One thing I’ve noticed about people who WANT to stop judging others, is that when they realize they’re judging, they feel awful about it!

Beating yourself up about judging others just creates a whole other negative pattern for you to have to deal with.

In this Daily Inspiration video, I’m giving you 1 vital perspective as the foundation of how to stop judging others.

Plus, we’ll run through a super simple process you can use to “reset” yourself if you do notice you’ve fallen into judgment.

Before we dive into this video on how to stop judging others, I just want to say…

You are an amazing human being that you are even here taking the time to care enough about yourself and others to WANT to stop judging in the first place.

If the world was filled with consciously aware and willing human beings like you, it would be a much more peaceful and balanced place.

All positive change starts with intent. You intend to stop judging others, and that is what counts the most! I respect that and I honor you.

Now, let’s dive in! Grab a pen and paper so you can take notes if you wish…

How to Stop Judging Others

Related Resources for Compassionate & Conscious Living

Judging Others

Bernadette Logue (known to everyone as “B”) is the Leader of The Daily Positive, a Transformation Life Coach and the author of 3 personal growth books – guiding you on how to master your mind, to live consciously and soul-aligned. To receive regular coaching resources and support, join B in EvolveHQ, The Daily Positive’s private personal growth membership and community. To find out more about B click here.


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10 thoughts on “How to Stop Judging Others

  1. Janis Robinson says:

    Do you have any advice for how to deal with another family member who is constantly judging others and expecting you to go along with it? I spend a lot of time with my elderly mother to care for her, and she loves to live in judgement of others. In public she will nudge me to point out others for different things, usually being very overweight. She is obvious about it and I find it embarrassing. Thank you, Janis

  2. Paula says:

    Your message about judgement came to me at a perfect time to help me deal with hurtful feelings concerning my family. I am aware of my “judge-ness” in this area of my life. Thank you.

  3. Ruby says:

    These are truly invaluable resources! I love these practical videos…with real world techniques & helpful phrases for my self help toolbox! I’m so glad I found you on the internet.

    My only question regarding judgement is don’t we sometimes HAVE to judge in certain situations in a way that sometimes points out how someone is showing up in an unacceptable way? I am a new English teacher to foreign students working alongside their usual teacher today who was overtalking her students, monopolizing the dialogue when the students are supposed to be speaking, crossing boundaries on topics (oversharing her own political & other opinions), failing to correct students and personalizing so that all dialogue came back to her!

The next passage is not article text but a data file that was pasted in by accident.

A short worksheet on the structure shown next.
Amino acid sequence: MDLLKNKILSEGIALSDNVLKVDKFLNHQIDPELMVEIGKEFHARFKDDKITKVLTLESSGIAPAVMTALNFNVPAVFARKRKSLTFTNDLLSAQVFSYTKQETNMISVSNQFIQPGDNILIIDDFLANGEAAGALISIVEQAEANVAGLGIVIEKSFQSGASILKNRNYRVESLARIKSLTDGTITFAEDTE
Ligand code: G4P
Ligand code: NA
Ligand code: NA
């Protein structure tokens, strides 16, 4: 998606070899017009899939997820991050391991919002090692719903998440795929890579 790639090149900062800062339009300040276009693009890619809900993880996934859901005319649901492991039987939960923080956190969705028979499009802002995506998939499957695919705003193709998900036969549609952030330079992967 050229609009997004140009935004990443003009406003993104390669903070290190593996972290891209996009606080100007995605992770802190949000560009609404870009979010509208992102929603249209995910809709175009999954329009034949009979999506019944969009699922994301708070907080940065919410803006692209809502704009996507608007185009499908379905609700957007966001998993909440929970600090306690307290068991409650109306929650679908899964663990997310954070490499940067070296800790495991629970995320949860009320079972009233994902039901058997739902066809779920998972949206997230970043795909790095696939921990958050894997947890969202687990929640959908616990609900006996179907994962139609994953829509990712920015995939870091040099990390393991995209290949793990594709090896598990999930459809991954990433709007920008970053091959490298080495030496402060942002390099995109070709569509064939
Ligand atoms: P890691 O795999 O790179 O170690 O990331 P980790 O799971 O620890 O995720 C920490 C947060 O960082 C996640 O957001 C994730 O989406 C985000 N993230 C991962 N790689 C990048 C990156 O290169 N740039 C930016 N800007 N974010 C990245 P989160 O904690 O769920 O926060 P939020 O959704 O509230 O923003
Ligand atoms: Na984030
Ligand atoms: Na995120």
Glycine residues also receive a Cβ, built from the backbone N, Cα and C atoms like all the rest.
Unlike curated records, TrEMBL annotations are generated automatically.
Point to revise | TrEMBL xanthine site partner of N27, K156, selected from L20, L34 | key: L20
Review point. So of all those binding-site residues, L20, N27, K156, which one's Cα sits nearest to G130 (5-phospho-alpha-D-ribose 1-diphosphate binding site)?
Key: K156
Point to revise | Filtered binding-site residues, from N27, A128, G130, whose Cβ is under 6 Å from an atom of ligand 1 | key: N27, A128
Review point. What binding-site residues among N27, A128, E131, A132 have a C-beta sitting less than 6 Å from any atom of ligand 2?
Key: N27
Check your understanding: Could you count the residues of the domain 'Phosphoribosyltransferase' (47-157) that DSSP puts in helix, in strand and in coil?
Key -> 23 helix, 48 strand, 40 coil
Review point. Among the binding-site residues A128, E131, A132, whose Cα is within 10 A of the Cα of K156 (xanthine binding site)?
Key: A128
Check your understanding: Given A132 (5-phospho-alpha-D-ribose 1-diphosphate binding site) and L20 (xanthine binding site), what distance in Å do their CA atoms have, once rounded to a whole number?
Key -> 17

I felt it was my duty to speak up once today ( and did so once to clarify a point about word usage that I felt needed more clarification) & she didn’t appear to appreciate it & continued her ways.

    I judged her today, BIG time! Any advice or insight?

    • Bernadette Logue says:

      Hey Ruby, definitely and great question! Yes, there’s a difference between providing constructive criticism/feedback for the point of improving a situation where you have a responsibility to do so, versus standing on the sidelines negatively judging someone. All leaders, parents, teachers, employers, managers etc have a responsibility to guide people to positive ways of living, to higher performance, to healthy and optimal behavior etc. There is a “vibe” difference between being judgmental and providing constructive feedback. I hope that makes sense. I find that people will always react negatively when they get a message that comes from judgment or from negative criticism delivered in an unhelpful way. However, if helpful feedback is given in a positive way, even if direct and assertive where necessary, there is more chance the person will receive it and take it on board. It doesn’t mean they will like it! Some people (in fact many) find it extremely difficult to take any type of feedback and take it as a personal attack. Just observe if this happens and try not to get looped into that cycle with them. You can only do your best to provide helpful feedback and constructive points for helping everyone involved, and if the person reacts negatively and defends, it is more about their own way to processing this type of information. The key is to deliver it in a conscious, calm way, with empathy in order to get the best outcome possible.

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